Somewhere to review books I'm reading without giving away any spoilers!
Today I’m very happy to welcome Mac Altgelt, author of ‘In the Beast’s Cage’ and thank him for allowing me to share his responses to my questions with you. Read on to discover more about his inspirational dream, his writing and his debut novel.
My debut novel, In the Beast’s Cage, was born from a dream I had in 2016, the complexity and vividity of which still astonishes me today. In order not to lose it back to the realm of sleep from whence it had come, I jotted down its essence before going back to sleep. A few years later, I would begin work on a short story, for I thought that is all that the dream warranted, however, it quickly became apparent that I was dealing with something a great deal more complex than I had anticipated. In 2018, much to my own surprise, I had completed the first draft of a full-length novel.
As a writer, I am what is often referred to as a “planter”. This basically means that very little is planned out beforehand. I typically do a short 1–2-page outline consisting of bullet points that serves as a general overview and direction for the story, as well as laying out where I ultimately want it to end up. Each bullet point typically lends itself to a full chapter in the text itself. How it gets from A to B, however, is ultimately as surprising to me as it would be to the reader.
As much as I am charmed by the idea of penning novels via pen and ink, I can’t say that is the case for me. Further, I think attempting it would only serve to permanently cripple my hand. I do sometimes jot down ideas while out and about using pen and paper, but those ideas are transformed into narrative on a computer.
There is a minor character in In the Beast’s Cage named Dub, and he has always been my favourite. I’m not exactly sure why, other than that he was very easy for me to picture, and I felt like I knew him more intimately than my other characters. He is old, grumpy, and gruff, but also exceedingly generous, fatherly, and slightly pained. He is a manifestation of countless similarly misunderstood people in reality. He just seems more authentic to me than some of my other characters, and I guess that is why I was I am so fond of him.
Hugo. He possesses all of the benefits of his abnormal condition, without any of the anxieties. He maintains his carefree joviality and clear conscious from his previous life. No easy task for a man in his position. He does not carry the burden that would seem due to him, and I think that could be viewed as an enviable position to be in.
I base them on common names as they relate to certain regions, cultures, or time periods which my characters occupy. In some works, I use anagrams, amalgamations, or homonyms that can be interpreted by the clever reader to reveal secrets about the characters themselves that are not explicitly stated in the text. No matter the character, there is a reason they are named what they are, and I will leave it to the reader to divine what that is from the text.
Well, now I’m intrigued and have learnt that I need to make note of any potentially inspirational dreams I have and to look for hidden clues when I read this book! Thank you so much for answering my questions!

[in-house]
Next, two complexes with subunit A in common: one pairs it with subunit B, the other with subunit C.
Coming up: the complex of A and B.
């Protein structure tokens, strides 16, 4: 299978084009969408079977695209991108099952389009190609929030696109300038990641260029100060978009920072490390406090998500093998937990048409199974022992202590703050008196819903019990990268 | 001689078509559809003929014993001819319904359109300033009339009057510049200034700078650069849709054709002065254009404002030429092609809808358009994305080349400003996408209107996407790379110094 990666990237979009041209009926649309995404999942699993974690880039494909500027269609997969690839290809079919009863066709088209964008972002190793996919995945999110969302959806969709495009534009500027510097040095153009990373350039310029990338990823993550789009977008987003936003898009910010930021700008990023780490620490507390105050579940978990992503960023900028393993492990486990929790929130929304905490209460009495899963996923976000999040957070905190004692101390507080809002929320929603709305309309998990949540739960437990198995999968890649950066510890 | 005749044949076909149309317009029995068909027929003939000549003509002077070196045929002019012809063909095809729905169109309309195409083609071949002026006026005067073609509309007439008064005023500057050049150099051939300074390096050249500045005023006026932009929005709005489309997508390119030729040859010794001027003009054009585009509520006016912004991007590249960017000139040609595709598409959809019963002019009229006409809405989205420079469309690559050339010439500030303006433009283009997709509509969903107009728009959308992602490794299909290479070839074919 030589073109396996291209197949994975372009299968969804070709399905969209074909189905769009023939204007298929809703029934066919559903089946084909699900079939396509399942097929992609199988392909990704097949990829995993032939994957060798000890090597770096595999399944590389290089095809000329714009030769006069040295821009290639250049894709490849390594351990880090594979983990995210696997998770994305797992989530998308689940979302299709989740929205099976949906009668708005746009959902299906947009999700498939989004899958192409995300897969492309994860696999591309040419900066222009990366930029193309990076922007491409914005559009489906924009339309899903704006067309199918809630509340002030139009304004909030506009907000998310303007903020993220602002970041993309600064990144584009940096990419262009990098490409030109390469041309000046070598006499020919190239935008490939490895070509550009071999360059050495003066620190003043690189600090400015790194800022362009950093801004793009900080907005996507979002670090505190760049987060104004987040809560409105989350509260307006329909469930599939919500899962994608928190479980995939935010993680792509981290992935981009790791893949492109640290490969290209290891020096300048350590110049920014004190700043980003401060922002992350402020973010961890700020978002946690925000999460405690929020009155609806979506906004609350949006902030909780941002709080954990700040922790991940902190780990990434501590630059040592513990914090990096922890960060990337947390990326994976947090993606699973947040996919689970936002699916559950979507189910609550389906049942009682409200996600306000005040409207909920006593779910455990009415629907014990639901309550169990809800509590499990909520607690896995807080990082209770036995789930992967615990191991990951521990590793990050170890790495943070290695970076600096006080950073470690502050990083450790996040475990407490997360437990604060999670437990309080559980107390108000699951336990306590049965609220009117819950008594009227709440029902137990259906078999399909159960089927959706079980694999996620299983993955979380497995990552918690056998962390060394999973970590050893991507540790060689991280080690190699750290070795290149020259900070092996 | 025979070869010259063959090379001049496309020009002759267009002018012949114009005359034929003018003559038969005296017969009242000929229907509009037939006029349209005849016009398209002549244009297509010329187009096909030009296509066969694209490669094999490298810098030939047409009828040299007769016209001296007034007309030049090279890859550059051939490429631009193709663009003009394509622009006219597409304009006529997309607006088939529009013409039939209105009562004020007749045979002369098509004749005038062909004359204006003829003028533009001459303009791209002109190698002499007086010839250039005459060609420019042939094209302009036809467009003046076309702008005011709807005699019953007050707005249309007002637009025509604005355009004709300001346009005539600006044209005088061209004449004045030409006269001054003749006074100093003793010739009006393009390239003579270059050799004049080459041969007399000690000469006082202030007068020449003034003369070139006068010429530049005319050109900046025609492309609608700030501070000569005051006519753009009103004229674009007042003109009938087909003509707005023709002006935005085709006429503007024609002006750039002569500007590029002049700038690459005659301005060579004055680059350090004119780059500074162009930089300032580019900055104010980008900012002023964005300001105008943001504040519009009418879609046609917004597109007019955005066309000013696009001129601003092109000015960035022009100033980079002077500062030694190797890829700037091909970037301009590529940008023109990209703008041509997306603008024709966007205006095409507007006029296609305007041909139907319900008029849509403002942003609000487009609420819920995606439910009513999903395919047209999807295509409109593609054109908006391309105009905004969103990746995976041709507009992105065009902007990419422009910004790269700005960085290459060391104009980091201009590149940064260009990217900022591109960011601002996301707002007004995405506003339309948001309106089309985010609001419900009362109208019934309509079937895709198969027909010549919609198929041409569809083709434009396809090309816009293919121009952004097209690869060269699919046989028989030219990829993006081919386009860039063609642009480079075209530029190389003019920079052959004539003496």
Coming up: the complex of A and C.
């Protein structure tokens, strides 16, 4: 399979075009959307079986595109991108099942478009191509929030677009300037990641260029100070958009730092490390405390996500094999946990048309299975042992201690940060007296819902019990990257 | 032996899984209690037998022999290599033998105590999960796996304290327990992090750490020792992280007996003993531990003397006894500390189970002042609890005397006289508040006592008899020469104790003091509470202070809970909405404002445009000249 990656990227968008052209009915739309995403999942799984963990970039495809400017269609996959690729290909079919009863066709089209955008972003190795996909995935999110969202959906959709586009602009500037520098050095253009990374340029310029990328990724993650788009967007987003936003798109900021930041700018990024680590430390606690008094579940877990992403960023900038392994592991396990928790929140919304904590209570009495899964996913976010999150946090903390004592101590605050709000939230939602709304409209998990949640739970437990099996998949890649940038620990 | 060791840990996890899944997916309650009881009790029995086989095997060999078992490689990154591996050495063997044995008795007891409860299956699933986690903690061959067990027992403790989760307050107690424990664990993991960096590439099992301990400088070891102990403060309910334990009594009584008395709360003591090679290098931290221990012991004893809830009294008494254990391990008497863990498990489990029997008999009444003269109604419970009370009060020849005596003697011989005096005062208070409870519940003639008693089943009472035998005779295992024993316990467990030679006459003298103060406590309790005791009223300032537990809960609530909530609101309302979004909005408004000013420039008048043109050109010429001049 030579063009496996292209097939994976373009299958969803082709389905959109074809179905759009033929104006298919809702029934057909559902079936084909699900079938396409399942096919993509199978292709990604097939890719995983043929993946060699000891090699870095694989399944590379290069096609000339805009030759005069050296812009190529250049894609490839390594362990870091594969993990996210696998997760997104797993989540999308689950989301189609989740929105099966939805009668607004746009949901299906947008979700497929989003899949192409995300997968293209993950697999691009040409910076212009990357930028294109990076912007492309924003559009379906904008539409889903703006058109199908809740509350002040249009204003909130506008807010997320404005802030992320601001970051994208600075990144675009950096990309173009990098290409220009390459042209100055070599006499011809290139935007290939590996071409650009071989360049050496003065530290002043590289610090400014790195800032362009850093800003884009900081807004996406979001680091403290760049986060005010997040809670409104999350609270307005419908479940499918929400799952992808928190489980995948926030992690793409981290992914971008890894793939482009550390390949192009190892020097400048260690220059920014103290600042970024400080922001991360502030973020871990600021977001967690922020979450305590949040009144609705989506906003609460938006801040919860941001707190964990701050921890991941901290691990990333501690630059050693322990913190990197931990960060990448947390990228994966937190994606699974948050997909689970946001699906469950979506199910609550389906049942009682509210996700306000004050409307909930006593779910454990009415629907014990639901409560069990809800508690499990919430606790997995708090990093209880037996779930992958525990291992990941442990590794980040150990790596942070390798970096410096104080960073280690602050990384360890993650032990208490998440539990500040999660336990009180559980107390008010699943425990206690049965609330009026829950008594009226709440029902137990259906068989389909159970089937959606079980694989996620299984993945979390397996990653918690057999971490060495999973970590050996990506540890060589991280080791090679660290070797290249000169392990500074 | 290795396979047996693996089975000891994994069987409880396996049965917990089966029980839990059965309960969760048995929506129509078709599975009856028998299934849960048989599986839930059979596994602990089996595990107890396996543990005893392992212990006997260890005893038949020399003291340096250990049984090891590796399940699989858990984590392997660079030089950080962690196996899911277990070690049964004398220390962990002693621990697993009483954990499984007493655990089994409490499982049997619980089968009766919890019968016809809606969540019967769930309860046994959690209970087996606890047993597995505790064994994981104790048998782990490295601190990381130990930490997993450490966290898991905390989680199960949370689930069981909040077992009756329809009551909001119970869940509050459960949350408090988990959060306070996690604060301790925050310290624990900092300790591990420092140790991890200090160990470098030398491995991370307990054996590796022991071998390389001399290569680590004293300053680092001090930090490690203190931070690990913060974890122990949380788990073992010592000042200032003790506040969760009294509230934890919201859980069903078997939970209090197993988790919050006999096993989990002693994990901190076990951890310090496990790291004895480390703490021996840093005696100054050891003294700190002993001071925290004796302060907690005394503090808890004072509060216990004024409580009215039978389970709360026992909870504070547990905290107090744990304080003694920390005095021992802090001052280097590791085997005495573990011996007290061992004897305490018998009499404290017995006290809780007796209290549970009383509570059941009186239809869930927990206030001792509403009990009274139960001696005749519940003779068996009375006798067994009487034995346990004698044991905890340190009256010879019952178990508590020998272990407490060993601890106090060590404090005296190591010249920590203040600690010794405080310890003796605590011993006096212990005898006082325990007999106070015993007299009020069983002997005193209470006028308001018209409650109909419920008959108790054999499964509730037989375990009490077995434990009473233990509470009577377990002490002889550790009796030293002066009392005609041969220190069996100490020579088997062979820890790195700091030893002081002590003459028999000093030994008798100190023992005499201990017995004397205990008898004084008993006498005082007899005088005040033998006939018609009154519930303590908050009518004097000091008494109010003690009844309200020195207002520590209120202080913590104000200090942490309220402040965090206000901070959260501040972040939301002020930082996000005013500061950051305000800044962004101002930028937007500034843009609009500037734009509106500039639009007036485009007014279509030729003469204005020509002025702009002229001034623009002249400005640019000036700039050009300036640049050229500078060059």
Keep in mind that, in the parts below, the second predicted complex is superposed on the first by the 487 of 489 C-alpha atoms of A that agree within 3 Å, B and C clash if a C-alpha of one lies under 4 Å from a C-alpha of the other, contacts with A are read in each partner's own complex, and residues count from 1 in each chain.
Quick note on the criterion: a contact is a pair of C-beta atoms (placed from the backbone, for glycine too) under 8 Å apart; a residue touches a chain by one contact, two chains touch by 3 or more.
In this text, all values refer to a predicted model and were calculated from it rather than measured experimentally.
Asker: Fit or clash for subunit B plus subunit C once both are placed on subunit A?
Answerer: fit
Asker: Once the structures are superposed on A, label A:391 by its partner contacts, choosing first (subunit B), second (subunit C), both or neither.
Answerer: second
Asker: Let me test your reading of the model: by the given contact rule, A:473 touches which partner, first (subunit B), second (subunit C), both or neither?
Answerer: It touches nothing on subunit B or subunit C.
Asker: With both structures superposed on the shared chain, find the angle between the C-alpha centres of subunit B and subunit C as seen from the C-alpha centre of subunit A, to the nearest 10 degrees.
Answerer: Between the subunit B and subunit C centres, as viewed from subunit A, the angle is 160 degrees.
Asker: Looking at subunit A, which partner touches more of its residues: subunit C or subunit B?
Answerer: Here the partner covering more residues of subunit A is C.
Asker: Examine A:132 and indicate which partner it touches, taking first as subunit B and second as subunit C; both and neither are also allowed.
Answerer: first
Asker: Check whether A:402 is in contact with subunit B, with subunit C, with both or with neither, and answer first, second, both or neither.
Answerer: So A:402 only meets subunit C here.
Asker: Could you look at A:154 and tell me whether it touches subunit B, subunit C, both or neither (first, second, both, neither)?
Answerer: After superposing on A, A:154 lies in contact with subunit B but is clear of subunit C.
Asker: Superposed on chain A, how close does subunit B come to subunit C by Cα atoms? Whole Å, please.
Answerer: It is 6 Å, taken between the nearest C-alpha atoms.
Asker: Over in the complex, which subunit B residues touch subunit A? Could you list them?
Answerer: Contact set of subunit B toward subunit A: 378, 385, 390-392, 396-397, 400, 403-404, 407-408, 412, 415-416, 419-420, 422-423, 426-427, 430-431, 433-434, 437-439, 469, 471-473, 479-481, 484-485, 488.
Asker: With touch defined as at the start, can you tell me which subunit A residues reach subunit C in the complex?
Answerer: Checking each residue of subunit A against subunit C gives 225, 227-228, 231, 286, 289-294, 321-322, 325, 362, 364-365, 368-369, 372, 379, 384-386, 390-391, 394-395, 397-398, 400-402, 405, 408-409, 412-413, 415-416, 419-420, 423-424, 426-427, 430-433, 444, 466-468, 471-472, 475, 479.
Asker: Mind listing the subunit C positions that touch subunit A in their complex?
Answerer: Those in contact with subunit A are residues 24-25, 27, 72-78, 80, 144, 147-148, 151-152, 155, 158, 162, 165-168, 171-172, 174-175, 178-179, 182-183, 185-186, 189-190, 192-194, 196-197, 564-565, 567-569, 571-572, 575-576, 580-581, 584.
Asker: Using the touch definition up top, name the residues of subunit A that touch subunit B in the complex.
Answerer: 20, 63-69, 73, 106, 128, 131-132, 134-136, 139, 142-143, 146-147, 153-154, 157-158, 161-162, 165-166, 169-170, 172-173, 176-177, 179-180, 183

Read on to find out more about In the Beast’s Cage and its author . . . .
Harbouring a dark secret from his past, immortal Lord Blake from medieval England arrives mysteriously in a sleepy coastal town in Georgia, USA. There he meets Hugo Wegener, an ex-doctor who is burdened with his own dark secret, and life-long resident Ginny Harrison, who is involved in her aging father’s absurd dream of refurbishing and reopening the town’s long-defunct zoo. As Blake’s relationship with Ginny blooms, he finds himself involved in the insane zoo project and, when Bruce Kelly, an exotic game smuggler from South Africa, arrives in town on the eve of the grand reopening with a plan to rid the zoo of its valuable animal species, it is up to Blake, Hugo, and the old man to stop him, without revealing the terrible secrets of their pasts.
I am a Risk Management executive and Investor in Texas but I moonlight as a writer, short-film maker, musician, composer and world traveller (or, I was a world traveller in the pre-COVID days). In music, I have released 2 full-length albums (one of which is still available) and 2 E.P.s. I have published one humor book entitled 101 TIPS AND REVELATIONS FROM A MODERN DAY CYNIC (Black Rose Writing, 2017). IN THE BEAST’S CAGE is my first novel, but I have a second already in progress and no plans of slowing down. I have also written countless blogs, poems, short stories, essays and movie scripts in addition to my more sprawling fiction projects. Because of my work in the Risk Management industry, I spend a great deal of time in London working closely with Lloyd’s and can be found in that country often as a result. I have a wife (Alejandra) and two children, a 3-year-old daughter (Sophia) and a 1-year-old son (Otto) who was born in the midst of this pandemic. My wife is a dual-citizen of Mexico and Spain and had been living in London for 2 years prior to us meeting.
Twitter / Instagram: @macaltgelt